Plant Description

Tradescantia zebrina

Tradescantia zebrina with Colocasia Black Magic in the garden of Kathryn Hipkin in Sydney

The Mexican Tradescantia species are good groundcover plants. They are sophisticated cousins of the weed which plagues most Sydney gardens, Tradescantia fluminensis - better known as wandering trad - but they are generally not quite as invasive like that horrible one. Tradescantia zebrina (ht 20 cm) is striped in silver and green and has purple undersides, and is more keen than some of the other coloured cultivars to take over your garden than the others, so I confine it to dry shady spots where little else will grow, as it needs minimal water.

Tradescantia zebrina provides an excellent foliage contrast to other plants, including its cousin Tradescantia pallida 'Purpurea'. It can be effective wandering through clumps of bromeliads (especially those with silvery leaves or purple tinges to their foliage) to fill in any gaps.It makes a good subject for a hanging basket if you are too frightened to let it loose in your garden.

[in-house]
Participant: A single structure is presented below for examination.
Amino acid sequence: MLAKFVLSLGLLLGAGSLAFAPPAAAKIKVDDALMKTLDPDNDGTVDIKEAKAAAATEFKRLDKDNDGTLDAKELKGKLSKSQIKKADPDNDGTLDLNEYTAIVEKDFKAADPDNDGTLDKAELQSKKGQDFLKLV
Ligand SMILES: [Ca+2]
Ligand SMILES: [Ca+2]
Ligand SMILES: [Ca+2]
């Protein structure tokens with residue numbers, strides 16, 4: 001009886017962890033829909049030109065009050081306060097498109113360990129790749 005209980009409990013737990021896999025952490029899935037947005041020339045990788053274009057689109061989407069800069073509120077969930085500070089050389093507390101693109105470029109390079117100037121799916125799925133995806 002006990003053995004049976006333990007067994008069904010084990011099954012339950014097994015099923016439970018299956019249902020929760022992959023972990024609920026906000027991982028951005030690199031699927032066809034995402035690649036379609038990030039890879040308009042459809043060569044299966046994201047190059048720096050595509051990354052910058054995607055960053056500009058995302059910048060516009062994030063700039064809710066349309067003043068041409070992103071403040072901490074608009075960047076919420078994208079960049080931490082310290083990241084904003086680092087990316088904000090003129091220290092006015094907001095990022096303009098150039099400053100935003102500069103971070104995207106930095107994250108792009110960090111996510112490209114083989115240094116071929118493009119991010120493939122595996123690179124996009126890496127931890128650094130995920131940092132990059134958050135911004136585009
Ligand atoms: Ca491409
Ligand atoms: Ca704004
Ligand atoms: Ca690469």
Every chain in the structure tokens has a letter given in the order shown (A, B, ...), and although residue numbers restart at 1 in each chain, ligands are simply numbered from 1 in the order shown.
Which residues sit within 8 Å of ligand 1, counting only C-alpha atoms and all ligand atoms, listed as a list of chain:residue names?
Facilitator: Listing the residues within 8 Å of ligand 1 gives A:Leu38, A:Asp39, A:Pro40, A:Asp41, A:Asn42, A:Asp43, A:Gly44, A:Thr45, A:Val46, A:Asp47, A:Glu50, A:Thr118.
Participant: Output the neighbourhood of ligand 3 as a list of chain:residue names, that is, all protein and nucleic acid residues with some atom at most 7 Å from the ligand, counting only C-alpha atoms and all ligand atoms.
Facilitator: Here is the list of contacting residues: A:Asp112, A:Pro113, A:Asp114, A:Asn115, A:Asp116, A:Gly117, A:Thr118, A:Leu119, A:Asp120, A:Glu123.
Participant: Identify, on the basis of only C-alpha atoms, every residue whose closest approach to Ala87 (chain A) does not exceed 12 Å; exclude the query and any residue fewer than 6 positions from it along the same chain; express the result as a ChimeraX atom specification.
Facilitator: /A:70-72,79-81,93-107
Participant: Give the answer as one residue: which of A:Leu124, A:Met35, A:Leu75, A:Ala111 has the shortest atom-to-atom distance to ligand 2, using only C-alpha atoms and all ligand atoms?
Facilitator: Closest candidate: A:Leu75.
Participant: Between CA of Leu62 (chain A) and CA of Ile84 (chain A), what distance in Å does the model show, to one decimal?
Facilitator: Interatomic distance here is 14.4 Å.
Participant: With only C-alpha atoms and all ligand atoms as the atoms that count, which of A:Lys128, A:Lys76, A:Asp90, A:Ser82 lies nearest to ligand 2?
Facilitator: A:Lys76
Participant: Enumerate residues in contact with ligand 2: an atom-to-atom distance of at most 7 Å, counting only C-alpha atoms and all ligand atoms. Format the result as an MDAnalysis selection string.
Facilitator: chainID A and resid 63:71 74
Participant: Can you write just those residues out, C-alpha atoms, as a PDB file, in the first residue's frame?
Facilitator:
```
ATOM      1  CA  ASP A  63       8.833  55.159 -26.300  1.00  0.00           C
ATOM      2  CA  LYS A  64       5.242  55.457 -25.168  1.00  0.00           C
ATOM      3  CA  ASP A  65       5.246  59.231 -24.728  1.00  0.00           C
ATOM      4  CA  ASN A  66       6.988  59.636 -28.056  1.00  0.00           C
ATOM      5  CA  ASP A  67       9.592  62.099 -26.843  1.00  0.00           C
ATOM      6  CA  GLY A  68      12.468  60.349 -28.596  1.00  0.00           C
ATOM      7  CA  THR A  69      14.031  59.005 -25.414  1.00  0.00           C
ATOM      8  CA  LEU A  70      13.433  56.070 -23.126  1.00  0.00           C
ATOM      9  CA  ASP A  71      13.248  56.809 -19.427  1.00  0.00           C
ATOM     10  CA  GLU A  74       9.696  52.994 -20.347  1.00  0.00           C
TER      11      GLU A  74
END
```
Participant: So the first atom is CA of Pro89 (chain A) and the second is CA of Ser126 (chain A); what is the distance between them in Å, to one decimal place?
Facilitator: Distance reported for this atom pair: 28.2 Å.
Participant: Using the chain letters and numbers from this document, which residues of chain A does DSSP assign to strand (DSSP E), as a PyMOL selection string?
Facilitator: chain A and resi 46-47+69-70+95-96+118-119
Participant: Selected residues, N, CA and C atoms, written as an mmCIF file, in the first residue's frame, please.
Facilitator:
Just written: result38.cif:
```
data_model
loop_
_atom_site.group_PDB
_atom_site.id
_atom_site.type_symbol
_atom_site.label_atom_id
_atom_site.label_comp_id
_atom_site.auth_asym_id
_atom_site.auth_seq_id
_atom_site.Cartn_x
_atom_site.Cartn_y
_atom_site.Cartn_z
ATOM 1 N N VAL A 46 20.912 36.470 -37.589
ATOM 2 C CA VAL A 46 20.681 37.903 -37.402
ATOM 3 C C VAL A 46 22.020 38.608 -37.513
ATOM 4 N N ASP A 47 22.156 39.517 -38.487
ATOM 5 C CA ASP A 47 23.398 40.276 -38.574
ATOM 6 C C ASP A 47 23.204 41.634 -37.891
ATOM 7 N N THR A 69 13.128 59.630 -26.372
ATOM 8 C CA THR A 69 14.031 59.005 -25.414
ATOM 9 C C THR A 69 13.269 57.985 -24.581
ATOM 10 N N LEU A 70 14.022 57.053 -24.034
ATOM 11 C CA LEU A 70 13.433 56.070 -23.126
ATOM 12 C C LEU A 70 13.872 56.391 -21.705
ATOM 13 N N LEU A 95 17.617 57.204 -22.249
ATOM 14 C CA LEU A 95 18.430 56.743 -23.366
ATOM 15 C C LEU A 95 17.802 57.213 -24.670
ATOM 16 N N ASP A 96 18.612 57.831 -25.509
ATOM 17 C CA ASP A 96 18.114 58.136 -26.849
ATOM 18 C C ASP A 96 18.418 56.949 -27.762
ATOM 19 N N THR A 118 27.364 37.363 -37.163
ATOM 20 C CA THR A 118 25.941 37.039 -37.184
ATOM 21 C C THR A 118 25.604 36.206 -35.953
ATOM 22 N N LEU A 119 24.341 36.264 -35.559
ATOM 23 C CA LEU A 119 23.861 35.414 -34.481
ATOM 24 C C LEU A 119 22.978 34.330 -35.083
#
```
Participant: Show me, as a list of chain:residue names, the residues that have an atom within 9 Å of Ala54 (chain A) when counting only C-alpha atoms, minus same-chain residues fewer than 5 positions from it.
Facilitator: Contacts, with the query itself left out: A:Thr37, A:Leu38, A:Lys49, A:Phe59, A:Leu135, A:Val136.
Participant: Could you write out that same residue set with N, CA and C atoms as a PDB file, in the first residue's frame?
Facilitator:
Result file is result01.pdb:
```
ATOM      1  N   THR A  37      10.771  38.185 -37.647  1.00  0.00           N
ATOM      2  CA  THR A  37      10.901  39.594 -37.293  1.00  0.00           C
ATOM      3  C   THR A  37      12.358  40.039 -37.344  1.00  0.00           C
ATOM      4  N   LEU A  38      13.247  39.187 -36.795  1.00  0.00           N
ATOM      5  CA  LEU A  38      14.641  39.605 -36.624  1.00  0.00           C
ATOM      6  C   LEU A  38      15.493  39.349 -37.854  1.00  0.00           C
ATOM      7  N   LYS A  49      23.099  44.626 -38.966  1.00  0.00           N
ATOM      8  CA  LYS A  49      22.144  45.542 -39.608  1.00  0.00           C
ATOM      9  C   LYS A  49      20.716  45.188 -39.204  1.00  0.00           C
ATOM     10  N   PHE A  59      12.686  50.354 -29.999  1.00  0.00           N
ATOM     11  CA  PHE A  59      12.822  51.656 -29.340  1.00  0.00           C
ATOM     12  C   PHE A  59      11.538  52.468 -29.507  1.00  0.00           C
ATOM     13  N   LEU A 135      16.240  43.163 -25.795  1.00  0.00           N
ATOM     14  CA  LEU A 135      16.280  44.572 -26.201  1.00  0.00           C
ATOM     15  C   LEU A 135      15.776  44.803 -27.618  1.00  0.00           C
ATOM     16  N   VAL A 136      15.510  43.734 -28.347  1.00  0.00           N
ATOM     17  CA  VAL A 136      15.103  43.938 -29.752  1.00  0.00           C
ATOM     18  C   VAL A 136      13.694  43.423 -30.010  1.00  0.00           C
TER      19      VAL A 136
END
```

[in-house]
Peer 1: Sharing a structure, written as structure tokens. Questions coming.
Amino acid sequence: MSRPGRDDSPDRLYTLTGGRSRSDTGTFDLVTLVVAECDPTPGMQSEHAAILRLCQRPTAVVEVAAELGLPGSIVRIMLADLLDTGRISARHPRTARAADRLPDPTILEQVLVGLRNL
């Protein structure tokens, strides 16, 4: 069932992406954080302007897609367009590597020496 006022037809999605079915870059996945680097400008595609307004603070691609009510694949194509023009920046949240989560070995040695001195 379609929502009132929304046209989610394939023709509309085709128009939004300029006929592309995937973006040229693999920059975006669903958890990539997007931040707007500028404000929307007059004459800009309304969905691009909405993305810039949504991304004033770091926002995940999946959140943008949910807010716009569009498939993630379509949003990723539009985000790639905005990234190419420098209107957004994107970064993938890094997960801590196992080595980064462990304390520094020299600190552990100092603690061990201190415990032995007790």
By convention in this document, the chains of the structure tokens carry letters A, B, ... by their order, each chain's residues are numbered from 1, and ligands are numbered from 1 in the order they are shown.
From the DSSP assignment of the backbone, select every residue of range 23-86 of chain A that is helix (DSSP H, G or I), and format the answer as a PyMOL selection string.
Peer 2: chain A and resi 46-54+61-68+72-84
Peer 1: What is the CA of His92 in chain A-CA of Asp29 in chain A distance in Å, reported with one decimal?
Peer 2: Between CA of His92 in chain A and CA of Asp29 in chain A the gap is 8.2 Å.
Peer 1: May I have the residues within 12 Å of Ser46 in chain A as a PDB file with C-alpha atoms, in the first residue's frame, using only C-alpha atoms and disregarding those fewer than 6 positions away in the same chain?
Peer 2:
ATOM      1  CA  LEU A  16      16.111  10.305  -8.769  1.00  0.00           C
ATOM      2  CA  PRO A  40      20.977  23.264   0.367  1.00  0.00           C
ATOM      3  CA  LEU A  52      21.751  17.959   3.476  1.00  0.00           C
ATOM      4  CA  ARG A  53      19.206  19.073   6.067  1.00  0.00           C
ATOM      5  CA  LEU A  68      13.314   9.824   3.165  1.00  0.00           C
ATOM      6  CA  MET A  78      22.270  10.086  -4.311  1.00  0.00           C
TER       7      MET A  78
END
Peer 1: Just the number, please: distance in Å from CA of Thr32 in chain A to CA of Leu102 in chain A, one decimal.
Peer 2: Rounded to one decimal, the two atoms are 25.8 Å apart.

I also think it can be useful to cover blank areas where spring-flowering bulbs are dormant over summer. Just remember to pull it back once the bulb foliage starts to reappear in autumn. When it 'wanders' too far, pull up all the bits you don't want, leaving just a small piece: like its scary cousin, it will quickly regrow! It can get a bit straggly after a while so trim back in early spring or simply pull it all out and replant some bits. There is a darker-leaved variety (pictured above) that can be useful in the garden as a contrast.

All forms of trad can escape into bushland, so be very cautious in growing it, or keep it in a pot.


Tradescantia zebrina
Plant Family: Commelinaceae